Sermon on Mark 4:26-34 for Pentecost +3, Year B, June 14, 2015
Thus says the Lord God: I myself will take a sprig from the lofty top of a cedar; I will set it out. I will break off a tender one from the topmost of its young twigs; I myself will plant it on a high and lofty mountain. On the mountain height of Israel I will plant it, in order that it may produce boughs and bear fruit, and become a noble cedar. Under it every kind of bird will live; in the shade of its branches will nest winged creatures of every kind. All the trees of the field shall know that I am the Lord. I bring low the high tree, I make high the low tree; I dry up the green tree and make the dry tree flourish. I the Lord have spoken; I will accomplish it.
He also said, “The kingdom of God is as if someone would scatter seed on the ground, and would sleep and rise night and day, and the seed would sprout and grow, he does not know how. The earth produces of itself, first the stalk, then the head, then the full grain in the head. But when the grain is ripe, at once he goes in with his sickle, because the harvest has come.”
He also said, “With what can we compare the kingdom of God, or what parable will we use for it? It is like a mustard seed, which, when sown upon the ground, is the smallest of all the seeds on earth; yet when it is sown it grows up and becomes the greatest of all shrubs, and puts forth large branches, so that the birds of the air can make nests in its shade.”
With many such parables he spoke the word to them, as they were able to hear it; he did not speak to them except in parables, but he explained everything in private to his disciples.
Our question today is this: how can we know what God is calling us to do and to be?
But before we get to that I wanted to mention something practical and helpful. I just discovered that scientists tell us that eating nuts reduces risk of death from multiple causes. That is good news for people like me who like to snack on nuts, at least the ones I am not allergic to.
At this amazing point in history we know a lot that has never been known before about health. We know that diseases are caused by bacteria and viruses and about how important vitamins and antioxidants are, such as those found in nuts.
We know a lot about agriculture too. We now know that the ancient prohibition in the Hebrew Bible against sowing a field with more than one kind of seed is a bit of iron-age thinking that needs to be left in the past (Lev. 19:19). Planting a garden with what the Iroquois called the “three sisters” corn, beans and squash, is actually beneficial. The beans grow up on the corn stocks and fix nitrogen in the soil, and the squash acts as a natural mulch and ground cover. Now we know.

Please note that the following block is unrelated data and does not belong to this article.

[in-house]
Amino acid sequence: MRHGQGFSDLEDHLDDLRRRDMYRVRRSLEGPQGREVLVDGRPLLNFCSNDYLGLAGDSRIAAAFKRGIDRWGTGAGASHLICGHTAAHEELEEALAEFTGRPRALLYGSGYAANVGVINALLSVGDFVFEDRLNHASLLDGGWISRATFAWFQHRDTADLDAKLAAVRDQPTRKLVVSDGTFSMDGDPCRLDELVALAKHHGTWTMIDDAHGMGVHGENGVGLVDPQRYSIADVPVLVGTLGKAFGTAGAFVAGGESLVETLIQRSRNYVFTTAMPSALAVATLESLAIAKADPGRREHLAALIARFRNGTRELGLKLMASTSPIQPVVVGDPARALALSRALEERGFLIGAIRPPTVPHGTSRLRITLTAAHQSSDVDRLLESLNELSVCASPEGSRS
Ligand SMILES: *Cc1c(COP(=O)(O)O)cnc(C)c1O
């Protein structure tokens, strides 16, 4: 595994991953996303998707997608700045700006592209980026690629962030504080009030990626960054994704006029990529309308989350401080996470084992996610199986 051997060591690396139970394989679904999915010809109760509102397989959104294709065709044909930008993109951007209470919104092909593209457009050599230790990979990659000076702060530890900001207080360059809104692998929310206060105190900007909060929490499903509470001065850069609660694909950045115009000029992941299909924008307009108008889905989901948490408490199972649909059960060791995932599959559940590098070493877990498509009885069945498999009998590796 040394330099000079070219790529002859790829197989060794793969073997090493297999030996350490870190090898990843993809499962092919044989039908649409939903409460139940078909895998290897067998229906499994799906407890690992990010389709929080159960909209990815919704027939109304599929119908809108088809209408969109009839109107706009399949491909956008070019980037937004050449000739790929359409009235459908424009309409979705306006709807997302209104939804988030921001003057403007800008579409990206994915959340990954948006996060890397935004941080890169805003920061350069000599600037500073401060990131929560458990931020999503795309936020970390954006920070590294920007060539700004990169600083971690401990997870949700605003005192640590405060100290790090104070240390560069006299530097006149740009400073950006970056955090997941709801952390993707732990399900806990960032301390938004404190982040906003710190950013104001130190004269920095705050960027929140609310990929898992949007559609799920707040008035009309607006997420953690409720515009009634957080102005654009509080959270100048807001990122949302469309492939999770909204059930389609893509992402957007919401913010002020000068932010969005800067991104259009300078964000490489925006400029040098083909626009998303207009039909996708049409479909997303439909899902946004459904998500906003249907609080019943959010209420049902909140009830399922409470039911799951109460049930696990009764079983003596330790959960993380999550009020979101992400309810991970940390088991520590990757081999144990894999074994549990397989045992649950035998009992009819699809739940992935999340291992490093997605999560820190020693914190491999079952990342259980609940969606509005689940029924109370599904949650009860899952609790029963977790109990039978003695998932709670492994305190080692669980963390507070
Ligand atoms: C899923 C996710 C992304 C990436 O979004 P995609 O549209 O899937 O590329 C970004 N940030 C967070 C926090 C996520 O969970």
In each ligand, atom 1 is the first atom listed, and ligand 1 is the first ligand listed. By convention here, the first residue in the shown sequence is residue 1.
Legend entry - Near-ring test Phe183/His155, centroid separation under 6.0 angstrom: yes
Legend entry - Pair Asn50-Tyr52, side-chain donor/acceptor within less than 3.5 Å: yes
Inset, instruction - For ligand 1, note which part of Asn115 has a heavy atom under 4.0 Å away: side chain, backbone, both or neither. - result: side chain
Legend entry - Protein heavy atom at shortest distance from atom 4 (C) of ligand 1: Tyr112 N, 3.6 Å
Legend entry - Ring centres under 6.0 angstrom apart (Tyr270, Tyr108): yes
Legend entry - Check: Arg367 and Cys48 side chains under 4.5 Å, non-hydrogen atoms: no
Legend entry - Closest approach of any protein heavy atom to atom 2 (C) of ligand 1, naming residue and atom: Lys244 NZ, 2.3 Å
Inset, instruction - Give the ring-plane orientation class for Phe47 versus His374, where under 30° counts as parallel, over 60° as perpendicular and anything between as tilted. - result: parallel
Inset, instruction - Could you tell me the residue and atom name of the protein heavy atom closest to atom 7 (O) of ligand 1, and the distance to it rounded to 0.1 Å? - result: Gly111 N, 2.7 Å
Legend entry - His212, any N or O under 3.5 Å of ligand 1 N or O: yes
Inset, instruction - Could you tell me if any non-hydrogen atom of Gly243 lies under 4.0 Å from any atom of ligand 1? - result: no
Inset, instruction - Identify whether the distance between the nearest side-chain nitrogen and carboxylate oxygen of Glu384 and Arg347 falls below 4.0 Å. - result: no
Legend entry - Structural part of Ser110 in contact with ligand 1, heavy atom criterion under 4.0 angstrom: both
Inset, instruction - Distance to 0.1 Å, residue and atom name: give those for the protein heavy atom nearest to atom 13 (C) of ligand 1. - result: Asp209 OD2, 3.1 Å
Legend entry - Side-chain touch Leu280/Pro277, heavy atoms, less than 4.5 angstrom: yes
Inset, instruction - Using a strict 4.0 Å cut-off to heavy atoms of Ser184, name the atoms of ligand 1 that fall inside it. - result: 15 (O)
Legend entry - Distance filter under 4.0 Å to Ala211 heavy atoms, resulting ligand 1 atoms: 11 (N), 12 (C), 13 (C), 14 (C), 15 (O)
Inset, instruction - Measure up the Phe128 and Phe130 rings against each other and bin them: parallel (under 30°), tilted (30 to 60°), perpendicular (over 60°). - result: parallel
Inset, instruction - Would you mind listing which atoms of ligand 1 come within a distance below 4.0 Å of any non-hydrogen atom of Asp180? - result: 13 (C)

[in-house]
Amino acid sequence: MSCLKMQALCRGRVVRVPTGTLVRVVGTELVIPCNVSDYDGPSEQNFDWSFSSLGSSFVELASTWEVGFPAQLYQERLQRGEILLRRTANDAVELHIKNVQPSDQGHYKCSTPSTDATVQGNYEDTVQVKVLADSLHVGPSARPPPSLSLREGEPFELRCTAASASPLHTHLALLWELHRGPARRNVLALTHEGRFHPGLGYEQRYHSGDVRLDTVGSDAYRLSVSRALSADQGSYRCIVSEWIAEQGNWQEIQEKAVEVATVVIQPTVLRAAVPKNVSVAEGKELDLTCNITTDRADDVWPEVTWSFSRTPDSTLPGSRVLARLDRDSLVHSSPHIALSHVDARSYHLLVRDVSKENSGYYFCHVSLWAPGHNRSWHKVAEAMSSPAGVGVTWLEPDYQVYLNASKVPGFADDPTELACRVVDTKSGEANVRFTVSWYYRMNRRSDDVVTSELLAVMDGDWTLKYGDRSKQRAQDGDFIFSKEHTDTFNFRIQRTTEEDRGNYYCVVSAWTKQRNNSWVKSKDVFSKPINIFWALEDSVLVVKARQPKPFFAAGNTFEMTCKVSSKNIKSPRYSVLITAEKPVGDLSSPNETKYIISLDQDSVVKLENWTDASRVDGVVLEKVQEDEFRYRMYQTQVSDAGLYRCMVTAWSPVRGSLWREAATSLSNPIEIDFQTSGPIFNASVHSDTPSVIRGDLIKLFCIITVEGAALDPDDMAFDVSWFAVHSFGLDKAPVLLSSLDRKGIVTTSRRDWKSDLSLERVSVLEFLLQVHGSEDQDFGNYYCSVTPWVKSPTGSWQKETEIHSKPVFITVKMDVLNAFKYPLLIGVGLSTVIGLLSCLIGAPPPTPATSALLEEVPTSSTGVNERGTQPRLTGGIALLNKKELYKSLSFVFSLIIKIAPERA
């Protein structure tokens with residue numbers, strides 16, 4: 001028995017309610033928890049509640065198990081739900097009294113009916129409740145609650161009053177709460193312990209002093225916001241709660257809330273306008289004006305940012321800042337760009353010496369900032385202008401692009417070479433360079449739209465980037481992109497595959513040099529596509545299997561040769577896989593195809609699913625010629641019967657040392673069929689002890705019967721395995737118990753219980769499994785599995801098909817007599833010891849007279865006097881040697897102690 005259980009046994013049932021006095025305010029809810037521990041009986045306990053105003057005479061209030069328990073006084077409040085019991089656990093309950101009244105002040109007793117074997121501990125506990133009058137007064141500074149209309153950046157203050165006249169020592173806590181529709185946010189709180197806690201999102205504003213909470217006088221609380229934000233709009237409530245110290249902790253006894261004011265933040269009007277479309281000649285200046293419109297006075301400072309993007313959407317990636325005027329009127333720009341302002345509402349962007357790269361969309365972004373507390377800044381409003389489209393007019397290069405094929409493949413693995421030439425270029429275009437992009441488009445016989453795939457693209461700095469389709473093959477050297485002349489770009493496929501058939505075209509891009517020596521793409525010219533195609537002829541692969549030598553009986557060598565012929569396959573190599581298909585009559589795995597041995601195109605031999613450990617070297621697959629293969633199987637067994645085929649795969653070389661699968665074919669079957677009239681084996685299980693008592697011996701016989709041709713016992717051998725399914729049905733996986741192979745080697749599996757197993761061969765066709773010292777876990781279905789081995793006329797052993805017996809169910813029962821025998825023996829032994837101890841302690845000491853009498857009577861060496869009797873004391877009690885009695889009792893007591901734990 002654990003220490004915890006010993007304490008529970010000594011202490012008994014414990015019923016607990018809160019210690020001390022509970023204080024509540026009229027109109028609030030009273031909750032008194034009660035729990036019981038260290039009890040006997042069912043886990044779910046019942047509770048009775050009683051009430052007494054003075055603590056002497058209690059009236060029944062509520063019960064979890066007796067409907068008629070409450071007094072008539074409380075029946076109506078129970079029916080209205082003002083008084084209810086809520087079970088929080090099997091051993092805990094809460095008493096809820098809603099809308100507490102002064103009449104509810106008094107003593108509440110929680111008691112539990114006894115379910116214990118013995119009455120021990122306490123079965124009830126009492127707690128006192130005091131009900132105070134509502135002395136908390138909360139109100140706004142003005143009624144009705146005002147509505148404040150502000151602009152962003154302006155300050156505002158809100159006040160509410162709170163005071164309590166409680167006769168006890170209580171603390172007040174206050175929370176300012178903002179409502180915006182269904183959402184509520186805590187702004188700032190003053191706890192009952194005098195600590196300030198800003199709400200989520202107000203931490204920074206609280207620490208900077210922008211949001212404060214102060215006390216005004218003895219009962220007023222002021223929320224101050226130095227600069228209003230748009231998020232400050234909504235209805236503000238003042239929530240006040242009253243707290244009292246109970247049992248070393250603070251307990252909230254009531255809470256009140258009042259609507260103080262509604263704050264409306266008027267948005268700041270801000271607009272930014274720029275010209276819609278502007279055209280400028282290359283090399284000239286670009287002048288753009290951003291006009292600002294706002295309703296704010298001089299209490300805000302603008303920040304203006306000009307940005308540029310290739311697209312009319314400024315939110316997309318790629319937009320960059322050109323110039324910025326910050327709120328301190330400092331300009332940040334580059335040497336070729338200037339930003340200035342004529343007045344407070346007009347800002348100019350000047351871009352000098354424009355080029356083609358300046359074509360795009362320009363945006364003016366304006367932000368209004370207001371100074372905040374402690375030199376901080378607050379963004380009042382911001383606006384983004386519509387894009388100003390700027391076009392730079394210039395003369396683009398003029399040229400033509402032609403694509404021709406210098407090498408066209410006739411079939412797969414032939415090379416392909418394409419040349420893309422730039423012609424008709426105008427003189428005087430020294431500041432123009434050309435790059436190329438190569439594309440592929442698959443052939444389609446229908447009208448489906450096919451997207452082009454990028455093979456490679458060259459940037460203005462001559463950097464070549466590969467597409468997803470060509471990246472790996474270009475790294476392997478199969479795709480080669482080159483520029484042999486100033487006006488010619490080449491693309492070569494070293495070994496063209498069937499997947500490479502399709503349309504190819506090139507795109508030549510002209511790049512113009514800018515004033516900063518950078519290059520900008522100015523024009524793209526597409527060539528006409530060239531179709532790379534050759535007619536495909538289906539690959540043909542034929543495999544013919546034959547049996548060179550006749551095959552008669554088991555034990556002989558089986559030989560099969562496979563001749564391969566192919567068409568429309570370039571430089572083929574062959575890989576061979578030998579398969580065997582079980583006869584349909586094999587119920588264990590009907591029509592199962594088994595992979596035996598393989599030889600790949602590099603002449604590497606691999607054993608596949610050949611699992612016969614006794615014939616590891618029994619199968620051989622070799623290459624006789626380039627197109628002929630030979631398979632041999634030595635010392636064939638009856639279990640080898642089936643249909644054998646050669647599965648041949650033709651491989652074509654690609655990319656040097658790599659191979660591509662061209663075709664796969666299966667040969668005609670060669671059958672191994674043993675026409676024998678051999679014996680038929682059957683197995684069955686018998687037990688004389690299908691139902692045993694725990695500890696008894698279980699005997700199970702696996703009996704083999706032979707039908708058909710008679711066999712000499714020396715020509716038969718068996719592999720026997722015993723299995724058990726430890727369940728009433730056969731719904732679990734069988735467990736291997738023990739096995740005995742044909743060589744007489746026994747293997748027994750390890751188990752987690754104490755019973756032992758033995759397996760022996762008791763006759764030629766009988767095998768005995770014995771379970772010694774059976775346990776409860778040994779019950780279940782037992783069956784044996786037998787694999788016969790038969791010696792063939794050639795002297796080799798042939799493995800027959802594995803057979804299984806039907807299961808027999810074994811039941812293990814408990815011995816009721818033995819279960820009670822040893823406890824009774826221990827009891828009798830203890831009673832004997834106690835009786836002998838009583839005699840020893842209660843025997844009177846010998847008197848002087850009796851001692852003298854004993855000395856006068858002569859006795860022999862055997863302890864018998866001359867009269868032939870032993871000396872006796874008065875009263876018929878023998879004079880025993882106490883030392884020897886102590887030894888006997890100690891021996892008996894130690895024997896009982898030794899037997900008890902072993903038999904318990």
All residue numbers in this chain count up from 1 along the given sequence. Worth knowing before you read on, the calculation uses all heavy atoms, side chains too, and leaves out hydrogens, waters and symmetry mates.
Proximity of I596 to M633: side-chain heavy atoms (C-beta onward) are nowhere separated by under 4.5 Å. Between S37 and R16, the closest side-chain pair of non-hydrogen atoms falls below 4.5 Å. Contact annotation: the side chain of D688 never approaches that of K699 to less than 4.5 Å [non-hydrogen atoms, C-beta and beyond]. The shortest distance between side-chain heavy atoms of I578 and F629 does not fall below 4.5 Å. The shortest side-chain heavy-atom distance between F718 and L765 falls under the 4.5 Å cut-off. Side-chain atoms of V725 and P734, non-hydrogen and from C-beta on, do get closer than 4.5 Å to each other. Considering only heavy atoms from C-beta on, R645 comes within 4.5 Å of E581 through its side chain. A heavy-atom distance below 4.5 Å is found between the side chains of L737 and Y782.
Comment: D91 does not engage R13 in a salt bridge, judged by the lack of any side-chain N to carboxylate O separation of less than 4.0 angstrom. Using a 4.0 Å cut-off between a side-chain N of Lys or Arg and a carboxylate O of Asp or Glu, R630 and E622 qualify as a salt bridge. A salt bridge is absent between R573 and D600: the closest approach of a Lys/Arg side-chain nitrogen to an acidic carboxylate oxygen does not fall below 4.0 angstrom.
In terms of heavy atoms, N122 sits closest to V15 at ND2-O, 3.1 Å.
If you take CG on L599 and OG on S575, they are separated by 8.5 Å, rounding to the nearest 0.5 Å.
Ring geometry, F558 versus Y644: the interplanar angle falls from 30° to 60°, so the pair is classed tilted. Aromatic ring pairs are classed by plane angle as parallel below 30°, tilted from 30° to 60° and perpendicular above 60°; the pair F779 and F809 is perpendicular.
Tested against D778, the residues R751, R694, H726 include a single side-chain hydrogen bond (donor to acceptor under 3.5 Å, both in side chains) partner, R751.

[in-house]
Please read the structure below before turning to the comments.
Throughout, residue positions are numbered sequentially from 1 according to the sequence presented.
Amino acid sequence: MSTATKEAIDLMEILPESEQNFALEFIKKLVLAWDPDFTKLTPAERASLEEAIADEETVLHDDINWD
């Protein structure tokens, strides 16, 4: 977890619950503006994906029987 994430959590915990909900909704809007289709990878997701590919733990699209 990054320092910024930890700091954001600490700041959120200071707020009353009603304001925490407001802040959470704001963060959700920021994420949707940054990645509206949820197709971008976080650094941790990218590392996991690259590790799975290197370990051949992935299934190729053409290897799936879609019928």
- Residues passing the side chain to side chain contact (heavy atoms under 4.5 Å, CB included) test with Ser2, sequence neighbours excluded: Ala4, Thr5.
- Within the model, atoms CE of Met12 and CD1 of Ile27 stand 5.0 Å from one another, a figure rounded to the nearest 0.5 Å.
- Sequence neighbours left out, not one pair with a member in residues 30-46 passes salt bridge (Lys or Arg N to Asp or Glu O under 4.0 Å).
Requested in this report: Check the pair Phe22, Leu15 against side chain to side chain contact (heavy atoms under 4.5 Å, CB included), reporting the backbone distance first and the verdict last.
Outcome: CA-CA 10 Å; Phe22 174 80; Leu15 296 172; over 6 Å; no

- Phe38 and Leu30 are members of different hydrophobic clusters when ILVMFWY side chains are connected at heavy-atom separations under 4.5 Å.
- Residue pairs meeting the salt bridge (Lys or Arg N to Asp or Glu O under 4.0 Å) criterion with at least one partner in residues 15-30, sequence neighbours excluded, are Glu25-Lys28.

Seed Parables and Knowledge
We read two short parables about seeds, which is probably what got me thinking about agriculture and modern science and the new things we know. The parables both reflect an ignorance of how plants grow, and admit to that ignorance.
The farmer does not understand how it happens. They used to believe that the earth operated automatically. The phrase “The earth produces of itself” actually literally means, “automatically.” I am quite sure that they did not mean “mechanistically.” I bet if you pushed them, they would happily tell you that God was behind this automatic process. Non-Jewish people would probably have a separate god for the different aspects of the process like the rain god, the sun god and various other fertility gods. Jews gave credit to the one Creator God. But God seemed to do it automatically; you plant seeds, and they grow.
But though they knew nothing about the importance of nitrogen in the soil, or the antioxidants in nuts, they did know some things about agriculture. They knew about how many bushels you could expect to grow in your field in an average year. They knew that some of the seed you tossed would land where it could not grow, like on the rocks (there is another parable about that). They knew that the pesky birds would eat some of the seeds before they could grow.
They knew that different plants grew to different sizes, and that the size of the seed was not a great predictor of the size of the mature plant. Mustard seeds are quite small, but the plant grows taller than wheat, which has larger seeds.